[Companionship] is often called Friendship, and many people, when they speak of their “friends” mean only their companions. But it is not Friendship in the sense I give to the word…Friendship arises out of mere Companionship when two or more of the companions discover that they have in common some insight which the others do not share and which, ’til that moment, each believed to be his own unique treasure (or burden). The typical expression of opening Friendship would be something like, “What? You too? I thought I was the only one…” It is when two such persons discover one another, when, whether with immense difficulties and semi-articulate fumblings or with what would seem to us an amazing and elliptical speed, they share their vision — it is then that Friendship is born. And instantly they stand together in an immense solitude. – CS Lewis, The Joyful Christian
I’m fired up.
I know, homeowner’s associations are supposed to help maintain the beauty (i.e., resale value) of our homes and keep our neighborhood sparkly and welcoming. Blah, blah, blah. But few things irritate me more than when someone tells me how to maintain MY property, especially when the window of acceptability is so narrow and arbitrary.
We don’t have a happy history, the HOA and I. When we first moved here, our development (let’s call it The Projects at Fancy Schmancy) was part of a fancy-schmancy HOA (with fancy-schmancy HOA dues). About a year after we moved in, the homeowners of The Projects valiantly fought to secede from those wretched Fancy Schmancies (in other words, The Projects were a disgrace to the Fancy Schmancies and they kicked us out).
But during the 4 months or so while we were in negotiations, someone decided it would be awesome if we paid HOA dues to both The Projects and the Fancy Schmancies. When I politely declined their request and said I would be happy to pay one or the other, the Fascists, using very small words and talking very slowly, informed me that they basically own my behind and everything associated with me so I better just shut up and pay up. Kind of like how you might explain to a 3-year-old that yes, he is going to bed now, kicking and screaming or not, because you are bigger than he is and can pick him up and put him there yourself.
Next, I decided to put our ginormous rolling recycle bin up against the side of the house in the alley, out of view of 99.9% of my neighbors. Unacceptable.
Then we left the garbage bin at the end of our driveway in the alley for 25 hours after the trash had been picked up. Unacceptable.
We had the exterior of our house repainted the same color. Without first submitting an application to the Architectural Review Committee. [Gasp!!] I know. Totally reckless and an obvious disgrace to the neighborhood. Unacceptable.
We put our house on the market, using the Committee-approved fancy schmancy wooden sign (left over from the days of our indentured servitude to the Fancy Schmancy neighborhood). Then we took it off the market. When we took the sign down, it left a 4 inch x 4 inch patch of dirt in our front yard. Unacceptable. The notice also said we needed to “brown up our lawn”. Oops. I should have kept it for posterity, but I was too mad so I ripped it into tiny pieces and threw it out.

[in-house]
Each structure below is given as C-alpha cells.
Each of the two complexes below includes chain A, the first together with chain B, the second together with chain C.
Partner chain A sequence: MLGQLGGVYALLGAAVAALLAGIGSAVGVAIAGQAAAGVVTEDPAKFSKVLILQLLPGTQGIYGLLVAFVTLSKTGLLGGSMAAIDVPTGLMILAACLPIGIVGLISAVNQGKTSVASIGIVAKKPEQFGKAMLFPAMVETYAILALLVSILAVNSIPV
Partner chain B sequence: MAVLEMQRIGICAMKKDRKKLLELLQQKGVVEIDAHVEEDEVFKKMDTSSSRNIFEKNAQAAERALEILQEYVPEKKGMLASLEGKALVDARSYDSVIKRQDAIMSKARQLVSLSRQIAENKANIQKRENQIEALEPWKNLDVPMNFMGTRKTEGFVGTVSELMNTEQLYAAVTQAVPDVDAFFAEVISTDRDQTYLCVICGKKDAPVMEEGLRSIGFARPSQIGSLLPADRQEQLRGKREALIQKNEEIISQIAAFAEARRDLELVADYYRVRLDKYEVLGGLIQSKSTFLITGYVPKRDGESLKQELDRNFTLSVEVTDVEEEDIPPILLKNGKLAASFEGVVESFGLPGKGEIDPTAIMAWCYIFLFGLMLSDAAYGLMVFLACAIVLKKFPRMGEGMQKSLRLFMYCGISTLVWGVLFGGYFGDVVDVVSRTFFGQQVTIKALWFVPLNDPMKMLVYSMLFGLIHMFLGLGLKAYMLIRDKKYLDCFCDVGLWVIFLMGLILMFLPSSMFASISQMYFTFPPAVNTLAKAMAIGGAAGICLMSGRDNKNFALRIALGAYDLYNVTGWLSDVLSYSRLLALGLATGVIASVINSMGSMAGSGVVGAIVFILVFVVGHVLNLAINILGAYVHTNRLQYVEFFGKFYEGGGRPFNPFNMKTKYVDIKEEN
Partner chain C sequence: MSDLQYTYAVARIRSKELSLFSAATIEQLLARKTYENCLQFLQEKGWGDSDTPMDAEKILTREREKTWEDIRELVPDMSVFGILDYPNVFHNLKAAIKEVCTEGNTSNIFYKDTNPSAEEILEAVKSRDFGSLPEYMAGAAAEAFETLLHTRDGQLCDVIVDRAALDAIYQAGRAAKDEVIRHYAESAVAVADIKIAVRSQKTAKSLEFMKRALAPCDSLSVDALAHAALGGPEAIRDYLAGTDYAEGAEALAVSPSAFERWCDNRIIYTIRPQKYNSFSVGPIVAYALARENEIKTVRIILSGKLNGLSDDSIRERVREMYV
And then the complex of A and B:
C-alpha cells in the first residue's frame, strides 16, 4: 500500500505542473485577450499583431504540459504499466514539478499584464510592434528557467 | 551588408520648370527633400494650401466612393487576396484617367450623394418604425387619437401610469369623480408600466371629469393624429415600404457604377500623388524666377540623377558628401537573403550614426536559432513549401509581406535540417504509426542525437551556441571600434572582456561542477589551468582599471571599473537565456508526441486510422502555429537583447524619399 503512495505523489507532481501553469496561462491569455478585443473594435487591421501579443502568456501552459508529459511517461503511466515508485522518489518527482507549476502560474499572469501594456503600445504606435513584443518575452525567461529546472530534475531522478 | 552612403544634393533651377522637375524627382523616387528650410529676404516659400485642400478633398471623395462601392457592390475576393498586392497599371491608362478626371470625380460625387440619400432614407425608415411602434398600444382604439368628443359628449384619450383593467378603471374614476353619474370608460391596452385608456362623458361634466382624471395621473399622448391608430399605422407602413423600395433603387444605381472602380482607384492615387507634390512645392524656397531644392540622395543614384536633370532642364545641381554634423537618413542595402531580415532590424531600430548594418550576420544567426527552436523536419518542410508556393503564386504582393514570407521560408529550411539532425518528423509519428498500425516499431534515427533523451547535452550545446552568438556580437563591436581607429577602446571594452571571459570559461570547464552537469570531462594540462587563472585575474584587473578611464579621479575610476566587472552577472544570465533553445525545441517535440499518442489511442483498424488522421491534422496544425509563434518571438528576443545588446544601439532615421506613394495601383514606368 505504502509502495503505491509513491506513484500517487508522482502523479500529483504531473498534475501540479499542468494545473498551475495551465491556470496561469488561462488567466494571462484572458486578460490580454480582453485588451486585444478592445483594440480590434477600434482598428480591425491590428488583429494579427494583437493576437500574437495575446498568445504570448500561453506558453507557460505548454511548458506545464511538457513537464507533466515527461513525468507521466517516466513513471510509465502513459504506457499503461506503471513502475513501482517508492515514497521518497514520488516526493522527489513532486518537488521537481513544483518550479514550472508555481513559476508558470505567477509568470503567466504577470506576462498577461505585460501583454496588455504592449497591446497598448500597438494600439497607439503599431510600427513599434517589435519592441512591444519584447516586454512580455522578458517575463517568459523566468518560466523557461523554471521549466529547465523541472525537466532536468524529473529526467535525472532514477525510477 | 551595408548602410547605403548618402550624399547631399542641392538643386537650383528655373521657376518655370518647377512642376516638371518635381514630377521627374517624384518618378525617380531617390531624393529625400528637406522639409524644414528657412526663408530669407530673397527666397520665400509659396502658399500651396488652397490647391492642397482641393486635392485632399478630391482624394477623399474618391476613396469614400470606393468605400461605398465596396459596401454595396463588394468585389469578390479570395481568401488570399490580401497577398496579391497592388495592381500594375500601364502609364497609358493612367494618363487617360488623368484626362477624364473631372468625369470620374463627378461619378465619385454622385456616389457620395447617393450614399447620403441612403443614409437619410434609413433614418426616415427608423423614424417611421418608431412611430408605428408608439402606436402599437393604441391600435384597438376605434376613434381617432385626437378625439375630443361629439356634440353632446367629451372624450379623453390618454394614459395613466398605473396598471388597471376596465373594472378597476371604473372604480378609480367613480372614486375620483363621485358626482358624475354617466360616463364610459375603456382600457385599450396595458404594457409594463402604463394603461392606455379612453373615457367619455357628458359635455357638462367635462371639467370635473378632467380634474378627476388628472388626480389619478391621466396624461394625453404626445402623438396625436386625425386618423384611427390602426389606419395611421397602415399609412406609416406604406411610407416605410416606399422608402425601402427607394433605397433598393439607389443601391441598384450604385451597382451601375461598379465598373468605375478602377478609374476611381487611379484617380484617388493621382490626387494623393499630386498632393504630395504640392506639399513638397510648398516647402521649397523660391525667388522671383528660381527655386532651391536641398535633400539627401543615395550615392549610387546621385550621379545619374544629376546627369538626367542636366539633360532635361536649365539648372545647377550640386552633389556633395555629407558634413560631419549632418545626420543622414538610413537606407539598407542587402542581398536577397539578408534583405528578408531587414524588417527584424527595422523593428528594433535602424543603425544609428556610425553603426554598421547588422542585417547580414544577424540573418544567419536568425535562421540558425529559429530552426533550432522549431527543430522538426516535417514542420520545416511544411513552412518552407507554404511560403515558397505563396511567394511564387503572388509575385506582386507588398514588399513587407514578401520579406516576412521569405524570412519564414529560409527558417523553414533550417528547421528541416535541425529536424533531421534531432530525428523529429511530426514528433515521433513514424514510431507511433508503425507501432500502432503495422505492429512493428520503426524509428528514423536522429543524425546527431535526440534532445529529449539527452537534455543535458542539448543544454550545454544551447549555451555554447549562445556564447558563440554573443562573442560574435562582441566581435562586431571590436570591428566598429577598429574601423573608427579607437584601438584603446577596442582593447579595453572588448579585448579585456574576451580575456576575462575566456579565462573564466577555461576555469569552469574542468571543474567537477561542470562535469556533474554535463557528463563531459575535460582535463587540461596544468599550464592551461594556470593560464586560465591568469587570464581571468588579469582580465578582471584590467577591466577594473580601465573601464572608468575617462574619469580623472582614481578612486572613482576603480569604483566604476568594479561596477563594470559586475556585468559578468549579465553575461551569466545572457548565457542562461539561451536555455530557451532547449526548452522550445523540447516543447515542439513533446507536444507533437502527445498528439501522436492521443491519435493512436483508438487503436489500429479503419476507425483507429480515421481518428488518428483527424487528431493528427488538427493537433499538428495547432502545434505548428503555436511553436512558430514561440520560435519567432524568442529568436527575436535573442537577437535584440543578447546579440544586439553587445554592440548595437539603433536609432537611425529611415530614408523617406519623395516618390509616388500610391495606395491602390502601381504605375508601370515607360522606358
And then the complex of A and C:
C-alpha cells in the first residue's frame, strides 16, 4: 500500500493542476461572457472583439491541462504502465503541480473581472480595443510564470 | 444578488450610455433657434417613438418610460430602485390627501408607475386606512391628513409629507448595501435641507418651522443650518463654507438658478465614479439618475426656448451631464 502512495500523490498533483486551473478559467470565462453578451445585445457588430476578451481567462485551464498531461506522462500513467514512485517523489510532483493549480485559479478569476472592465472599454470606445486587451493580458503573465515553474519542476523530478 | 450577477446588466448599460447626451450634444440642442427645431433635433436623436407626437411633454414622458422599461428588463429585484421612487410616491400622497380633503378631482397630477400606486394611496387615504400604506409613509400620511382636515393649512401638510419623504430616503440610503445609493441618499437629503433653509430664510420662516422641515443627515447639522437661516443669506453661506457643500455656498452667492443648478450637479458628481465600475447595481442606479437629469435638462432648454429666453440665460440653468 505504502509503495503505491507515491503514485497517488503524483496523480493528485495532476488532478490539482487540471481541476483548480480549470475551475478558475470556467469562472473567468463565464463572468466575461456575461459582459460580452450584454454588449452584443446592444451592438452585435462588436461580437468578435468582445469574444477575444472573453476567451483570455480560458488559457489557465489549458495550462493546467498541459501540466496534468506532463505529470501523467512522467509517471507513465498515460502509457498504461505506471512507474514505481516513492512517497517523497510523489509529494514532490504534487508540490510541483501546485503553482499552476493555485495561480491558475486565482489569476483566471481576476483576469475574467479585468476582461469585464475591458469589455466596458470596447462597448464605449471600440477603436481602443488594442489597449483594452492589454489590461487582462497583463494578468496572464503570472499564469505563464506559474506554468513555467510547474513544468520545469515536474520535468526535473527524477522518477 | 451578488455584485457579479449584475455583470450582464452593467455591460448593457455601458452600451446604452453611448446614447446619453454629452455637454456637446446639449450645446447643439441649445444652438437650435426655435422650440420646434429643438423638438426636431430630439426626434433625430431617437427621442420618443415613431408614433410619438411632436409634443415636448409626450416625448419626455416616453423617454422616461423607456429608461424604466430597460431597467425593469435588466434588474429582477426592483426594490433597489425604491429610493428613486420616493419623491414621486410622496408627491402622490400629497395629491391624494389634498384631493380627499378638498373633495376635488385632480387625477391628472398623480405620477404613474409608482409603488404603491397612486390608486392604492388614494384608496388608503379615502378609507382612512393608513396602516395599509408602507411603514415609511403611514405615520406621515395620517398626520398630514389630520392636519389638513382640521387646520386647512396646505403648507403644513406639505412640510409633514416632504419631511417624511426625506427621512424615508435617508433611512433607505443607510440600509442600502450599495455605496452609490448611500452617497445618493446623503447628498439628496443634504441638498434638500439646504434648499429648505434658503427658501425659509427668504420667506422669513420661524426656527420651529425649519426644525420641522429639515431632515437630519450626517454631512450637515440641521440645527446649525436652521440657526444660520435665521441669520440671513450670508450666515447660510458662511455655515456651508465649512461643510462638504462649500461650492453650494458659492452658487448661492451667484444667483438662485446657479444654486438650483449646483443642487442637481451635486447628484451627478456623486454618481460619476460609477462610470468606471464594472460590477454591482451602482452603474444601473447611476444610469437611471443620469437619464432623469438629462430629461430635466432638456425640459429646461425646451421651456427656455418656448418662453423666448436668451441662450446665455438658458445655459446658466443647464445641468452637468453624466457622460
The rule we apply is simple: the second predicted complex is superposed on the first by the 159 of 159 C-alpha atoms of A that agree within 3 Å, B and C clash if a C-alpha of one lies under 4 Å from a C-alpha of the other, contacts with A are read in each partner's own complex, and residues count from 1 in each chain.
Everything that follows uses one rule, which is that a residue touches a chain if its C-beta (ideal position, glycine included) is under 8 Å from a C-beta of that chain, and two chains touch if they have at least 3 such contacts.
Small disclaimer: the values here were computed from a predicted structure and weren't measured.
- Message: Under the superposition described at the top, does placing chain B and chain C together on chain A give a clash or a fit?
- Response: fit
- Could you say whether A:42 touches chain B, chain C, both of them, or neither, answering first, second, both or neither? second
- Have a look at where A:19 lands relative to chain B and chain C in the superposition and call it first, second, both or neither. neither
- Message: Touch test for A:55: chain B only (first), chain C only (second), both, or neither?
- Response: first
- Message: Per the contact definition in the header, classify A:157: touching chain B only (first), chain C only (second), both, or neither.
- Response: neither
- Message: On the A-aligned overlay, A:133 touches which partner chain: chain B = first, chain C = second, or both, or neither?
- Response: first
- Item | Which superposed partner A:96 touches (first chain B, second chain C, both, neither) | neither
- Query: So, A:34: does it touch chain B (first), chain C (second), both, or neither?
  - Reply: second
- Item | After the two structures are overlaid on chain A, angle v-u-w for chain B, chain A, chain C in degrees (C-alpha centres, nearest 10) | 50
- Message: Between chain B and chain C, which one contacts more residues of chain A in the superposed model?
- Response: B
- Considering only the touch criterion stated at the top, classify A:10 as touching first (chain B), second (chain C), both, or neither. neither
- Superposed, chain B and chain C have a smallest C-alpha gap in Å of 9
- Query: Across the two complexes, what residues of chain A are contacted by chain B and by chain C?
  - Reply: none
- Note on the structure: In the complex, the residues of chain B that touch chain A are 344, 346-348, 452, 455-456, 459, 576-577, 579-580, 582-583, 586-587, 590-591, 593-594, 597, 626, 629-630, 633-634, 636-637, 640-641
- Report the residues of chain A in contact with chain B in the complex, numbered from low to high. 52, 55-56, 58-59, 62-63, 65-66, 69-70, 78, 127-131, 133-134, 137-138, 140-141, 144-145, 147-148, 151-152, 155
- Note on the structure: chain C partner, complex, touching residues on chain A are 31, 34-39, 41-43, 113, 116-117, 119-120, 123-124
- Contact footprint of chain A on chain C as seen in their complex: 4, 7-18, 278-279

Imagine you just bought a new shirt. You have been eying it for quite a while, so you paid a little more than you normally would. You love your shirt. When you get home, you notice the salesperson has put a little note in the bag.
Welcome to the world of Fancy Brand shirts! We’re so happy you’ve decided to join our family. We certainly hope you enjoy your new shirt. In order to make sure everyone else enjoys seeing your Fancy Brand shirt and wearing their Fancy Brand shirts, and to maintain the integrity of Fancy Brand, we have a few rules you must follow:
- Your Fancy Brand shirt must be dry cleaned and ironed each time you wear it. If it is not dry cleaned within 24 hours of last wearing, you will be fined.
- You may not wear any accessories with your Fancy Brand shirt unless you submit an application to the Fancy Brand Accessorizing Committee. Your request will either be denied or approved within 7 business days, so plan ahead!
- You may not repair your Fancy Brand shirt unless and until you submit an application to the Fancy Brand Repair Committee. Your request will either be denied or approved within 7 days, so plan ahead!
- You may only wear your Fancy Brand shirt with pants or skirts specifically listed in the Fancy Brand Covenants, Codes and Restrictions document that you signed with the other 14,000 pieces of paper you signed upon purchase. Don’t act like you don’t remember.
- If your Fancy Brand shirt is torn, stained, or otherwise damaged in any way, regardless of location, you will be fined.
- If you leave anything in the pocket of your Fancy Brand shirt for more than 24 hours, you will be fined.
Please keep in mind that, in signing your credit card receipt, you have agreed to give away all rights to your Fancy Brand shirt and with it, your behind. If you fail to comply with any of the Fancy Brand shirt guidelines listed above (or any of the guidelines listed in the 7,000 page Fancy Brand Shirt Full Guidelines document, located at http://www.fancybrandshirts.com/FBSFG), we will 1) warn you, 2) fine you, 3) fine you more, and 4) put a lien on your shirt so that you can’t ever sell it. And there’s nothing you can do about it. Enjoy your shirt, and welcome to Fancy Brand!
Husband was leaving for work after lunch today. Toddler Boy and I walked out with him to the garage. My car is parked on the driveway behind our alley-entrance garage.
Husband: What’s that yellow note on your car?